Medvedev MD, Diamond PH (1996) Fluid models for kinetic effects on coherent nonlinear Alfvén waves. Phys Plasmas 3:863–873. https://doi.org/10.1063/1.871790
Medvedev MD, Diamond PH, Shevchenko VI, Galinsky VL (1997) Dissipative dynamics of collisionless nonlinear Alfvén wave trains. Phys Rev Lett 78:4934–4937. https://doi.org/10.1103/PhysRevLett.78.4934
Mjølhus E (1974) Application of the reductive perturbation method to long hydromagnetic waves parallel to the magnetic field in a cold plasma, Report no. 48. Department of Applied Mathematics, University Bergen, Norway
Mjølhus E (1976) On the modulational instability of hydromagnetic waves parallel to the magnetic field. J Plasma Phys 16:321–334. https://doi.org/10.1017/S0022377800020249
Narita Y et al (2004) Alfvén waves in the foreshock propagating upstream in the plasma rest frame: statistics from Cluster observations. Ann Geophys 22:2315–2323. https://doi.org/10.5194/angeo2223152004
Narita Y, Glassmeier KH, Fränz M, Nariyuki Y, Hada T (2007) Observations of linear and nonlinear processes in the foreshock wave evolution. Nonlinear Process Geophys 14(361–371):2007. https://doi.org/10.5194/npg143612007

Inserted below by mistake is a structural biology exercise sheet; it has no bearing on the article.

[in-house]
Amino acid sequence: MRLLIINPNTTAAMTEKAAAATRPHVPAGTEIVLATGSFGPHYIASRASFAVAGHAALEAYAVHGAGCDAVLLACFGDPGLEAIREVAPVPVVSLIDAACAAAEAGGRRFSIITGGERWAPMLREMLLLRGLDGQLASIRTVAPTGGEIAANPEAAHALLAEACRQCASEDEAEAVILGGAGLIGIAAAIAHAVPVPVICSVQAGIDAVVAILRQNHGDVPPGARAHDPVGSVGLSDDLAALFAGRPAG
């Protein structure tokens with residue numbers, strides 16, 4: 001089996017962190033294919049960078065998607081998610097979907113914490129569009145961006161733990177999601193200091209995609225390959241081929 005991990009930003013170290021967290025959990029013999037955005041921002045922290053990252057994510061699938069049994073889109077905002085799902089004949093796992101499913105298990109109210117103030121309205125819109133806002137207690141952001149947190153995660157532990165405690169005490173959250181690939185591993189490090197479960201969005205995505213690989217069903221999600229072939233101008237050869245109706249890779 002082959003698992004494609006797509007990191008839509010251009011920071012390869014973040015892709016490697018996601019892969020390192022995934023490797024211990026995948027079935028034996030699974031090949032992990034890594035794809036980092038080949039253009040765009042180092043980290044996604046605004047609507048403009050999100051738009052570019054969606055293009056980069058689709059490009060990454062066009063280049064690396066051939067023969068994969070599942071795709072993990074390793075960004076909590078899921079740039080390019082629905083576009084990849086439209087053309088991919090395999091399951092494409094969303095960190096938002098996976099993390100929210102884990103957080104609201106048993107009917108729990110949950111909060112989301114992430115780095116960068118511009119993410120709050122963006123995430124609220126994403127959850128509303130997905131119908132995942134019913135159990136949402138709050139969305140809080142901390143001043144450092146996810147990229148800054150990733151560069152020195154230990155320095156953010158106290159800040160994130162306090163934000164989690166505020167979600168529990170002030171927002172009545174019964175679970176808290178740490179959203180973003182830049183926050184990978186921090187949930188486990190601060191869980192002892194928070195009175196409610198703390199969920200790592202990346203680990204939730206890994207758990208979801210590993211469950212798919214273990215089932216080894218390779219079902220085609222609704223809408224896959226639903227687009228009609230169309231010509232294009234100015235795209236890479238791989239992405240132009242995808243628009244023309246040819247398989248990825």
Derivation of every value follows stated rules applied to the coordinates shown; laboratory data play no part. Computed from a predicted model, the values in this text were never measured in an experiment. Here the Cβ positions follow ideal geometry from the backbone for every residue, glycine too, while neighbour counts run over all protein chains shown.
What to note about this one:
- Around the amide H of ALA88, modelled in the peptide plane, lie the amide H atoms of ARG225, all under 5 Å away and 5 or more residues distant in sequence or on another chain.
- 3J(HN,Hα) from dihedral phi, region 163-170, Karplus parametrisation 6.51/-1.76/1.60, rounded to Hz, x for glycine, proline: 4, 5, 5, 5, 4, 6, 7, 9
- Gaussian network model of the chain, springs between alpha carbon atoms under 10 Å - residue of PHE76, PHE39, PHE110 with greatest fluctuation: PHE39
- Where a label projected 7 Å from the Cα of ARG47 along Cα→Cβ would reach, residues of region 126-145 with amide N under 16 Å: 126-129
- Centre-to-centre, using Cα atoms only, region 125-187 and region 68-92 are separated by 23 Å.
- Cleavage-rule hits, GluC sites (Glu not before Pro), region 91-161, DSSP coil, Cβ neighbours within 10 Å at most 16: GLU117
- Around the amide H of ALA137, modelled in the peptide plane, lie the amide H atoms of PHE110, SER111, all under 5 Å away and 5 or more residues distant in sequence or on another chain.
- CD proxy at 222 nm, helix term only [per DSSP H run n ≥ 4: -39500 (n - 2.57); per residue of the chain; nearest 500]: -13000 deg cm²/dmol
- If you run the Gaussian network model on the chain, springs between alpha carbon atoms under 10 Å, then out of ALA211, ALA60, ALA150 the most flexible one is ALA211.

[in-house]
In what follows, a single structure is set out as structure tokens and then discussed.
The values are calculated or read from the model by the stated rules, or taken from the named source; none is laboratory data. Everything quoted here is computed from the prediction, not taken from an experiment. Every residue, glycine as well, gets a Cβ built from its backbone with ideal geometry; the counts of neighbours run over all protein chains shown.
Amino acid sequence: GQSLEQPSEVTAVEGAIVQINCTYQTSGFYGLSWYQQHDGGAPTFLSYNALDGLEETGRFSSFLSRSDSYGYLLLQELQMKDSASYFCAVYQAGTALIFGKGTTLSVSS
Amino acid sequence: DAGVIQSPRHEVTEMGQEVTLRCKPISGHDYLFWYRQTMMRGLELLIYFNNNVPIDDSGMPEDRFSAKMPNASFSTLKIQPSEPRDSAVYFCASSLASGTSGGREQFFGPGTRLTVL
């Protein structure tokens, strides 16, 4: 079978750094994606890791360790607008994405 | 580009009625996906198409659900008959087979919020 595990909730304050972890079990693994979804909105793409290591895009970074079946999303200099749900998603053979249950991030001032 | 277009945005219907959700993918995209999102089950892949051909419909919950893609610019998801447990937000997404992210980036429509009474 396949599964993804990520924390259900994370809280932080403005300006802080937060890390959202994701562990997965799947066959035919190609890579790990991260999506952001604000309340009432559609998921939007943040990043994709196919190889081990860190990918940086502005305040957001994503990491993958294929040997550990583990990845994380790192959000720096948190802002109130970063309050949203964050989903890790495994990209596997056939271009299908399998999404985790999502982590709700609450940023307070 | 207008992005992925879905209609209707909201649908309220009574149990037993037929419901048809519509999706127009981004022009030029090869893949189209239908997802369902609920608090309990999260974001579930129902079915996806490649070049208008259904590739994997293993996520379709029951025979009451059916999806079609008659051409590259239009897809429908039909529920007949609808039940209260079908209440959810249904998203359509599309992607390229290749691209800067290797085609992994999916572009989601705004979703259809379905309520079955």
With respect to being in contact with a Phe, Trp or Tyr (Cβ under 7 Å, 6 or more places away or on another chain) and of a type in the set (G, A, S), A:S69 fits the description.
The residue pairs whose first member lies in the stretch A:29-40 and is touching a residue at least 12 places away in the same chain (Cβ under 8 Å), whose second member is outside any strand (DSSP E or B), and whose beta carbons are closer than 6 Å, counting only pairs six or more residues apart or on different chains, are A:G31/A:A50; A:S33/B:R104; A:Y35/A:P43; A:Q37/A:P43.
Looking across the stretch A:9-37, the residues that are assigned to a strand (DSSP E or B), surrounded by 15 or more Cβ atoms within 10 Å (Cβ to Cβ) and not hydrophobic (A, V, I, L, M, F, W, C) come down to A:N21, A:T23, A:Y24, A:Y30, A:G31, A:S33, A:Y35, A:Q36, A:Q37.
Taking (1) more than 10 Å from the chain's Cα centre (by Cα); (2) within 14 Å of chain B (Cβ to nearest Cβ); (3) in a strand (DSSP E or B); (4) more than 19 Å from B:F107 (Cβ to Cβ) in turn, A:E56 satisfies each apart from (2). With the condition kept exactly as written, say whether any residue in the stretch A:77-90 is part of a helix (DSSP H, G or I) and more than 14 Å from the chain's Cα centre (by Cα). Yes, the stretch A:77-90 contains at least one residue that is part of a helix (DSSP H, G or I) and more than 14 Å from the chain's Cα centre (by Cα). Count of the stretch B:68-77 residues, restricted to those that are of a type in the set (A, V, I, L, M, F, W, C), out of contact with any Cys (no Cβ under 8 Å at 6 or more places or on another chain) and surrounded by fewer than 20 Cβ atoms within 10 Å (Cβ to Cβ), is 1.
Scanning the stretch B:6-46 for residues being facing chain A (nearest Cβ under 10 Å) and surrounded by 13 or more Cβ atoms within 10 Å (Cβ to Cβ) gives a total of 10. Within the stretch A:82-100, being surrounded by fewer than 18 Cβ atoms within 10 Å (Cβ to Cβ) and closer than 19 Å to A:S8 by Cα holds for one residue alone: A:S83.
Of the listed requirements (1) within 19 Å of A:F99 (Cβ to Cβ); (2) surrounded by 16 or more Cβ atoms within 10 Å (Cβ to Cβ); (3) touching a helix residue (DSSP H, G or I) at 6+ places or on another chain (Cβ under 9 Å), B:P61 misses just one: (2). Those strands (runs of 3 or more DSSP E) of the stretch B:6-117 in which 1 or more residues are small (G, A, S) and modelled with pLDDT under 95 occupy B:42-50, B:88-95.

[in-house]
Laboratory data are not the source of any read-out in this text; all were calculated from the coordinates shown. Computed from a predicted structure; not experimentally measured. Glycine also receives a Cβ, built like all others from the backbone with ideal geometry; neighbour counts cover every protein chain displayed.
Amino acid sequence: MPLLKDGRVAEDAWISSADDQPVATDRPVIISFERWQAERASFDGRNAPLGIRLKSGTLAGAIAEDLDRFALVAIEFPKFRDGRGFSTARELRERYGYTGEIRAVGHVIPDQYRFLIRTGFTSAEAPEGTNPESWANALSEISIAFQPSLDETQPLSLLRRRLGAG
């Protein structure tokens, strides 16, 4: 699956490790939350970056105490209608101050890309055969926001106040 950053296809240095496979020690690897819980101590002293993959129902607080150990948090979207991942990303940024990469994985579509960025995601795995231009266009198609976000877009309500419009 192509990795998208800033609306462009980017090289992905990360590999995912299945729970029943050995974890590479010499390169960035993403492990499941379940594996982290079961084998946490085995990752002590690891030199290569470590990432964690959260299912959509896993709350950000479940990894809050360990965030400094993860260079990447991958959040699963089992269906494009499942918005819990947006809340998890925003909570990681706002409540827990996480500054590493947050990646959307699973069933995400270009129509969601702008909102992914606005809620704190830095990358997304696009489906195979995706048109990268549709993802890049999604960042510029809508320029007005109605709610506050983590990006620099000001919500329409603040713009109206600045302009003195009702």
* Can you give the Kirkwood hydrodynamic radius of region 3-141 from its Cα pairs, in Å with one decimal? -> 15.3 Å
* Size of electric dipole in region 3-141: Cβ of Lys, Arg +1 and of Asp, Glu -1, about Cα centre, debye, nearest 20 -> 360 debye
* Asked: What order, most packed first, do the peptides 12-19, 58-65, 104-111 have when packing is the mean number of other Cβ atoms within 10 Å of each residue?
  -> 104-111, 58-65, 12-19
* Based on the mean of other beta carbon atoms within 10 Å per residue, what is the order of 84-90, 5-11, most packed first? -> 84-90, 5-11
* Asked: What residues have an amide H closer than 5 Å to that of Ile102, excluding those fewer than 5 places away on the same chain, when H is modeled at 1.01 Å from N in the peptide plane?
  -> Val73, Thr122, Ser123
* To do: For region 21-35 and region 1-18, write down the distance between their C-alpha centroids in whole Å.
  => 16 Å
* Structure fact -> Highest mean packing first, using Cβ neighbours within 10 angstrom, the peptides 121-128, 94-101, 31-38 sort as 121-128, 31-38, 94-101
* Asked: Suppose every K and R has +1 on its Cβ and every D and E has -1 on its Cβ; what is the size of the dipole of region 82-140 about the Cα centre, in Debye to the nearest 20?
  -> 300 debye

Nariyuki Y, Hada T (2005) Selfgeneration of phase coherence in parallel Alfvén turbulence. Earth Planets Space 57:e9–e12. https://doi.org/10.1186/BF03352580
Press WH, Teukolsky SA, Vetterling SA, Flannery BP (1992) Numerical recipes in C, the art of scientific computing, sec. 15.2, 2nd edn. Cambridge University Press, Cambridge
Rème H et al (2001) First multispacecraft ion measurements in and near the Earth’s magnetosphere with the identical Cluster ion spectrometry (CIS) experiment. Ann Geophys 19:1303–1354. https://doi.org/10.5194/angeo1913032001
Spangler SR (1986) The evolution of nonlinear Alfvén waves subject to growth and damping. Phys Fluids 29:2535–2547. https://doi.org/10.1063/1.865545